The K350 is a great keyboard for the price.
I have a Microsoft Ergonomic 4000 too, so comparing the two was an interesting exercise in competing design philosophies. Unlike the MS 4000, the Comfort Wave keyboard doesn't feature a split key layout. You're essentially given a conventional keyboard with a padded wrist rest (super comfy), and a slight semi-circular upward tilt to avoid excessive pronation of the wrists. The ‘wave’ in the keyboard's name comes from the differing height levels of the keys. Each of your fingers differs in length, and Logitech's design factors this in by having the ‘K’ lower than the ‘J’ due to your middle-finger being longer than your index. For the most part, it's a subtle alteration and works quite well.
You have a variety of media keys (play, pause, mute, etc.), several programmable function keys, an illuminated battery indicator, and a selection of Windows-specific keys to open things like the Windows Media Centre. I don't run Windows so some of these were redundant, but all of the generic stuff functioned quite happily under Linux.
The Comfort Wave's form factor isn't as hungry for desk real estate as the MS 4000, and the keyboard is incredibly light. It takes two double-A batteries and there's an on/off switch on the underside. You can raise the rear of the keyboard with two height-adjustable feet which give you the option of either a 4 or 8 degree positive tilt. Unlike the MS 4000, there's no way to adjust the keyboard for a negative tilt (the rear facing down), so if that's something you're looking for, bad luck. (You could always stuff a rolled up tea towel underneath the wrist rest or something, but that'd be a bit of a bodge job.)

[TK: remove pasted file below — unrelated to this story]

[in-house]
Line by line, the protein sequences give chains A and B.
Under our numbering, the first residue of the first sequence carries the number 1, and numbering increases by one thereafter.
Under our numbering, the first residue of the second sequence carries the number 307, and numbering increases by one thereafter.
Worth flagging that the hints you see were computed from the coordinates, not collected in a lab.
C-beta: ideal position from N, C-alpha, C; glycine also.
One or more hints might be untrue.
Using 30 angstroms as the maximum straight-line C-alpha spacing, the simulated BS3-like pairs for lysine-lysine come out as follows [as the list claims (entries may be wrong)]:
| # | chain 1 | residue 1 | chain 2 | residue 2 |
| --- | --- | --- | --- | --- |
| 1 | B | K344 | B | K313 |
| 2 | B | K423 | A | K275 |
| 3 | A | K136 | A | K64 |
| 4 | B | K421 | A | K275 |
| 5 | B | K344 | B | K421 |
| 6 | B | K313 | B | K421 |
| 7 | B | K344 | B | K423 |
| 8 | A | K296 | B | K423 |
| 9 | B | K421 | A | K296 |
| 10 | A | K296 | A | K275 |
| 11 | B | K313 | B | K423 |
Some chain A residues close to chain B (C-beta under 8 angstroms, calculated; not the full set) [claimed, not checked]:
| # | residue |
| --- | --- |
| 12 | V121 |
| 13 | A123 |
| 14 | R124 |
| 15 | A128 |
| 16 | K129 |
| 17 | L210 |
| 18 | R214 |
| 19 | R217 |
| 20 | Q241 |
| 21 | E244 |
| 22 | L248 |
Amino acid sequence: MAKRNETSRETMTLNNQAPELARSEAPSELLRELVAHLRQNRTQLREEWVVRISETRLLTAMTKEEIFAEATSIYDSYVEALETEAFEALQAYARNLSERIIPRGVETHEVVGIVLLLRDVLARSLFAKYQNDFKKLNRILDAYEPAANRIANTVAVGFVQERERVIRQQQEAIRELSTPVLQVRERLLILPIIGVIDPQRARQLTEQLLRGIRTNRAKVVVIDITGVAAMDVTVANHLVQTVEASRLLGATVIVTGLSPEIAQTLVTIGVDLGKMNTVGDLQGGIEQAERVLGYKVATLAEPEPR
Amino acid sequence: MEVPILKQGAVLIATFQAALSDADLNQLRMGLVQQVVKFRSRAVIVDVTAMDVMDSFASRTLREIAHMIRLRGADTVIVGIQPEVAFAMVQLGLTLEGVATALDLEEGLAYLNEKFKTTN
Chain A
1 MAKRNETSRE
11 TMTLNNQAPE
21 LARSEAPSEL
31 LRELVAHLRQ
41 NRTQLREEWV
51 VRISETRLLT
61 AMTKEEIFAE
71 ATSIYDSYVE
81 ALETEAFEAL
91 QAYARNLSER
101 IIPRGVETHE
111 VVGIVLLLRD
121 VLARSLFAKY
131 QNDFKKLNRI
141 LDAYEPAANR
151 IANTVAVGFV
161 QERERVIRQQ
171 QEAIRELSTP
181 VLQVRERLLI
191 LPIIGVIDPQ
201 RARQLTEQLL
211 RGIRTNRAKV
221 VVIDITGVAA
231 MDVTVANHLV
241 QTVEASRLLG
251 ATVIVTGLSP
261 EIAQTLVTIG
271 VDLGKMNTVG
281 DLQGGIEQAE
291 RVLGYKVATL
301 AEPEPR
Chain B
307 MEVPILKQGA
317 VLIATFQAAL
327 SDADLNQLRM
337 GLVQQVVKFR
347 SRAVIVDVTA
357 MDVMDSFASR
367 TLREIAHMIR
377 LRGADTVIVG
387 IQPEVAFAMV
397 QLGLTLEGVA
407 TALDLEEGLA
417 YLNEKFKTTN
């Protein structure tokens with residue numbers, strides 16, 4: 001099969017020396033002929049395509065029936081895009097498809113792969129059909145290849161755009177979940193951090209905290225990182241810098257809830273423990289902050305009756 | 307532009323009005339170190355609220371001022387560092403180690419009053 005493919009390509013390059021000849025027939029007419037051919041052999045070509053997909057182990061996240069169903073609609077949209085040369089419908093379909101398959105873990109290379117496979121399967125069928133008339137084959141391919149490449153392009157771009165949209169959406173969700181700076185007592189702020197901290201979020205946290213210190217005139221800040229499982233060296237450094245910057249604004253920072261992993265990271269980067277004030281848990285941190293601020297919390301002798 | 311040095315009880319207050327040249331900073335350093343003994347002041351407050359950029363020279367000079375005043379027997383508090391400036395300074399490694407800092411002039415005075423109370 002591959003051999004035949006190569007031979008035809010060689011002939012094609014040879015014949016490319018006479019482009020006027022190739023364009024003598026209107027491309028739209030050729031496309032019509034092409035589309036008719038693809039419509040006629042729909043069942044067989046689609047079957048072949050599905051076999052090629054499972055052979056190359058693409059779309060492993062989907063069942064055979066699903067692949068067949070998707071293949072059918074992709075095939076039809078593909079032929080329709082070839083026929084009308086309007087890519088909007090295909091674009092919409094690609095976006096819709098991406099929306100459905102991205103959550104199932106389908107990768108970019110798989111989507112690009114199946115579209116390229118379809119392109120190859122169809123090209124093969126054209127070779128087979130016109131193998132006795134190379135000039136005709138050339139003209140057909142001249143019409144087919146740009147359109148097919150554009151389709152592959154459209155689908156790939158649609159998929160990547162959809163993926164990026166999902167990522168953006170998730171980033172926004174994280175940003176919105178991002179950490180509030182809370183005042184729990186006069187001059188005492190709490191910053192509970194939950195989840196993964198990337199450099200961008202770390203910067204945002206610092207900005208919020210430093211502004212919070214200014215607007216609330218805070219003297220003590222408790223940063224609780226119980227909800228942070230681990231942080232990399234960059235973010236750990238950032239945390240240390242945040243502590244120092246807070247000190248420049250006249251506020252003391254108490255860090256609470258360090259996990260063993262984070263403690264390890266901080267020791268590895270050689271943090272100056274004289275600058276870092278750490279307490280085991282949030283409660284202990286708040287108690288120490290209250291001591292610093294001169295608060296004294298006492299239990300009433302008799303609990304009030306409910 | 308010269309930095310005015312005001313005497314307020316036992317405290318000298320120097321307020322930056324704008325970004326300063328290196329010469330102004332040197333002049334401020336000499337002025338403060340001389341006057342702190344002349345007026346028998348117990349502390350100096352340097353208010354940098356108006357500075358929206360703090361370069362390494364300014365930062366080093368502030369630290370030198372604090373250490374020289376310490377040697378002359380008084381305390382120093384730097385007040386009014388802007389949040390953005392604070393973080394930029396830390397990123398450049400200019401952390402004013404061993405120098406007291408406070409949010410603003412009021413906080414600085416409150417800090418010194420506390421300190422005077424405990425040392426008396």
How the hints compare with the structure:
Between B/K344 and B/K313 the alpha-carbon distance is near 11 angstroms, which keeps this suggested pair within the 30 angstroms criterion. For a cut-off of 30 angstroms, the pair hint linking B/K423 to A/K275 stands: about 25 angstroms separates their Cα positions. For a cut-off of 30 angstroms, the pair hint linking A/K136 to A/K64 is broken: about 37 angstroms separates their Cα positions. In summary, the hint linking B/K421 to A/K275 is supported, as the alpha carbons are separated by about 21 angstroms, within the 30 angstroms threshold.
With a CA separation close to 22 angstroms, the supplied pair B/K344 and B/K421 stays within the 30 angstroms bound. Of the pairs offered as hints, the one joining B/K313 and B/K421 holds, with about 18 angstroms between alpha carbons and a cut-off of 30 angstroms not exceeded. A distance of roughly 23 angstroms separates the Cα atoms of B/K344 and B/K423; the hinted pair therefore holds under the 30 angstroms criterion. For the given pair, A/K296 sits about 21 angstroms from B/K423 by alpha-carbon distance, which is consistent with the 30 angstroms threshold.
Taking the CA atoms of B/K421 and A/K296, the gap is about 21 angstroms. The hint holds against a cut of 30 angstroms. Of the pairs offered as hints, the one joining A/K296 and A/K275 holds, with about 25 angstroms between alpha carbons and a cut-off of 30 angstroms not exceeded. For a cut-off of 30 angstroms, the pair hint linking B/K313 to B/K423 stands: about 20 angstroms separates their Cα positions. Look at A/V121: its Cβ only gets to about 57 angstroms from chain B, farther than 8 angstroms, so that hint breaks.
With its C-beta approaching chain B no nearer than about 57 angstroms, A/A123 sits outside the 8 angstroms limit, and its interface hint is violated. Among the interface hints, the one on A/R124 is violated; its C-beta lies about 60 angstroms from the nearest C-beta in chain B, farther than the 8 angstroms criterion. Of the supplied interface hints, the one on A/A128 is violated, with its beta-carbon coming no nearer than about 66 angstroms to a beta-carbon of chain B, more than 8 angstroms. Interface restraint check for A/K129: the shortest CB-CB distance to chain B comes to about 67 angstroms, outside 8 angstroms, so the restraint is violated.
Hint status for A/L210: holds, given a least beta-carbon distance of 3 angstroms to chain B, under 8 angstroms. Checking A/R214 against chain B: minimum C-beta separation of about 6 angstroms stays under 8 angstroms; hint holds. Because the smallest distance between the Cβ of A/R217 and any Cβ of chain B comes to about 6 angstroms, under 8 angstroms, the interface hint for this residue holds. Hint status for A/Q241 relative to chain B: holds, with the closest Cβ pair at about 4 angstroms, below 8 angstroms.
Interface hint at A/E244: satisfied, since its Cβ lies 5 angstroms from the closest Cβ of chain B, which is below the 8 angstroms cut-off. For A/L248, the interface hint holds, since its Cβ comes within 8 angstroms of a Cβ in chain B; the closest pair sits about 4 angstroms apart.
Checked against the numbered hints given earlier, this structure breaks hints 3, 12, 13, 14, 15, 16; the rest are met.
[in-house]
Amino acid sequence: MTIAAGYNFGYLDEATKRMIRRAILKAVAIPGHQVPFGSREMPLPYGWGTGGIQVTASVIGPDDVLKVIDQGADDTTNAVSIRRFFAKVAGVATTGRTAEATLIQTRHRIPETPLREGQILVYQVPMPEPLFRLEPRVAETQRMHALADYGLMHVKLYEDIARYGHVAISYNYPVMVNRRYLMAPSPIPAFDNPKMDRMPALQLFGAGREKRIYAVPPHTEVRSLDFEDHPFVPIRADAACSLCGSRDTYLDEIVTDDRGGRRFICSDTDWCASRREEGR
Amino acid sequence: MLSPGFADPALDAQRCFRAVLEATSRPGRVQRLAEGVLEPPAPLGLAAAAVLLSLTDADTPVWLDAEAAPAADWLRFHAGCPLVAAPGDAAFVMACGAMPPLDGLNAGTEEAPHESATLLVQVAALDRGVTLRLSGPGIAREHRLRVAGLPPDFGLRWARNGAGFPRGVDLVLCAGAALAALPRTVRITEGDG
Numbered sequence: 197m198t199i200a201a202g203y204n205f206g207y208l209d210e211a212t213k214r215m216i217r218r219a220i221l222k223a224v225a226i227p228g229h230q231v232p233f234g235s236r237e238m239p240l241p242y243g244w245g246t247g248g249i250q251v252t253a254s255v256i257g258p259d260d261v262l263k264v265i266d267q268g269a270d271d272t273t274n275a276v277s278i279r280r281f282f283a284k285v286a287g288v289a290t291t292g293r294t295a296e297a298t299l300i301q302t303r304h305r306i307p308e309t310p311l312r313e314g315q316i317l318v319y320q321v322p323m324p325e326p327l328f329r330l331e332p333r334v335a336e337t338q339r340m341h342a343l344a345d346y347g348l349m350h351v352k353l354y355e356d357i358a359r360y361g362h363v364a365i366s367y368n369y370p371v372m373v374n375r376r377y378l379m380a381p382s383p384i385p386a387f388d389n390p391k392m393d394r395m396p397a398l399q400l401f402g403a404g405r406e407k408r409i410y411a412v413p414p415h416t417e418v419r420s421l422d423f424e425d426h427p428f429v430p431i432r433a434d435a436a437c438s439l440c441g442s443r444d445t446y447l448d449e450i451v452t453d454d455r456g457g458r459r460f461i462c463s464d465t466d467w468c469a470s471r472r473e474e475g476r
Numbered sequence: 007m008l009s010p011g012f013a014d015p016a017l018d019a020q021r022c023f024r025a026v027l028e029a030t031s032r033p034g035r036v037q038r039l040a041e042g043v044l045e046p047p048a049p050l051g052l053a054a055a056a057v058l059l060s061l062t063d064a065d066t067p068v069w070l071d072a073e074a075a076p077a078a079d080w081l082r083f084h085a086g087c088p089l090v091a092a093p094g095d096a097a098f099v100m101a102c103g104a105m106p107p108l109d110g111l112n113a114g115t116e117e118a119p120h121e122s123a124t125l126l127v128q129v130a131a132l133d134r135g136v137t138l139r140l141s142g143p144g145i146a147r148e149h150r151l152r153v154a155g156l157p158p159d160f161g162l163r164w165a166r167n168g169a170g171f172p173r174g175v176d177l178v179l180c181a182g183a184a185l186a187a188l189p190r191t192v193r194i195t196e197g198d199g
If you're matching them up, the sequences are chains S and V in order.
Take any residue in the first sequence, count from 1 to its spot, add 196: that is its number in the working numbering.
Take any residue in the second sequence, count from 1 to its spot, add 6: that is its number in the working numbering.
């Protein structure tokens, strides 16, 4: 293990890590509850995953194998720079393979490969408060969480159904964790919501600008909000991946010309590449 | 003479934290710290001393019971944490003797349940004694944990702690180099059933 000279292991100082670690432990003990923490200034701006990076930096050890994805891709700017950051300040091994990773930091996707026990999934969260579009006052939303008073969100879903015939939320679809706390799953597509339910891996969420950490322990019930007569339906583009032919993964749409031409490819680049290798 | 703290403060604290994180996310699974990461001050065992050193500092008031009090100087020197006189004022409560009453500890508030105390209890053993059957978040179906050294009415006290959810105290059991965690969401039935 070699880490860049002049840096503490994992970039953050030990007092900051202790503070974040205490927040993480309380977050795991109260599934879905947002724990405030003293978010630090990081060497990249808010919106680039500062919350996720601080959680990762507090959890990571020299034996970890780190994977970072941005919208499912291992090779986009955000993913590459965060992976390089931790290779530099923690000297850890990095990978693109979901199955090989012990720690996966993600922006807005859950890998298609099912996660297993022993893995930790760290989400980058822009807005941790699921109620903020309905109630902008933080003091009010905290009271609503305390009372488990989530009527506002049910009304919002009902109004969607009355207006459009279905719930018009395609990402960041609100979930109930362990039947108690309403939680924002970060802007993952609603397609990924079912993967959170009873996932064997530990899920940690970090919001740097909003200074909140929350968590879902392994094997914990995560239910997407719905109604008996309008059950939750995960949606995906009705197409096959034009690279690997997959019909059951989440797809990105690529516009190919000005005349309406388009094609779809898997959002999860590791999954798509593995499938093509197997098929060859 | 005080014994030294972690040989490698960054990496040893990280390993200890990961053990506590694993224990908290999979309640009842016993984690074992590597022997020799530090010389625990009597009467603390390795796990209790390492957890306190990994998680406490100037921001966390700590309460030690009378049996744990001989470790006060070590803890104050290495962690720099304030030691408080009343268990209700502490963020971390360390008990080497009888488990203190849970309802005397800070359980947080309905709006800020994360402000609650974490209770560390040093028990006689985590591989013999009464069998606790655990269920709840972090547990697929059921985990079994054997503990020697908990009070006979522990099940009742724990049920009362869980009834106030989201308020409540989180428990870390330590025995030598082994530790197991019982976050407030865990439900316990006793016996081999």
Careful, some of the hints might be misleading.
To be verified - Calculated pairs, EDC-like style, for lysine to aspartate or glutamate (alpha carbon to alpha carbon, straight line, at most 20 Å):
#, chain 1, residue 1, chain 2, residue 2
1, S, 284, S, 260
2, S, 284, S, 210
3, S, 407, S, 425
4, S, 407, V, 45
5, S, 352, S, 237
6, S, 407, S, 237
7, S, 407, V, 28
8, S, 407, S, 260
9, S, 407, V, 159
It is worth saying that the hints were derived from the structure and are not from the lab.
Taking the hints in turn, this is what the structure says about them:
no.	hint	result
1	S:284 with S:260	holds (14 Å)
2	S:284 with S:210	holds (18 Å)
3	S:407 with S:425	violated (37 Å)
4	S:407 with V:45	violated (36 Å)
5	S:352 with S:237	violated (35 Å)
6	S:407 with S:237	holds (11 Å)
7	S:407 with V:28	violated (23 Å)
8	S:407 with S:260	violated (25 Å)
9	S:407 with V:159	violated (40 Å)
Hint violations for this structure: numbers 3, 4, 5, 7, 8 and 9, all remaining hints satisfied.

In terms of build quality, the Comfort Wave is a mixed bag. The wrist rest is great with some high-quality padding and the plastic surround is assembled well. The keys could be better. They seem a little cheap, and while there's a nice tactile bump whenever they're depressed, the MS 4000's keys have the edge here. They're not bad… But they definitely reinforce the notion of ‘you get what you pay for’. They're also quite ‘clacky’, so if you're after something quiet, this is not the droid you're looking for. Given what I paid for it, I'm reasonably happy. It's a comfortable keyboard to use, and typing is a pleasant experience.
The Logitech M510 laser mouse that comes bundled with the keyboard is great. It has enough weight to make it feel substantial without giving the impression you're pushing a brick around your desk. It's comfortable in the hand, the buttons are all well-positioned and the switches are of good quality. You can also side-scroll by pushing the mouse wheel left and right, which is a nice feature. It's an impressive piece of kit. Like the keyboard, it takes two double-A batteries and has an on/off switch on the underside.
The MK550 bundle is a solid investment for those looking for comfort without having to take out a second mortgage on their home. Recommended.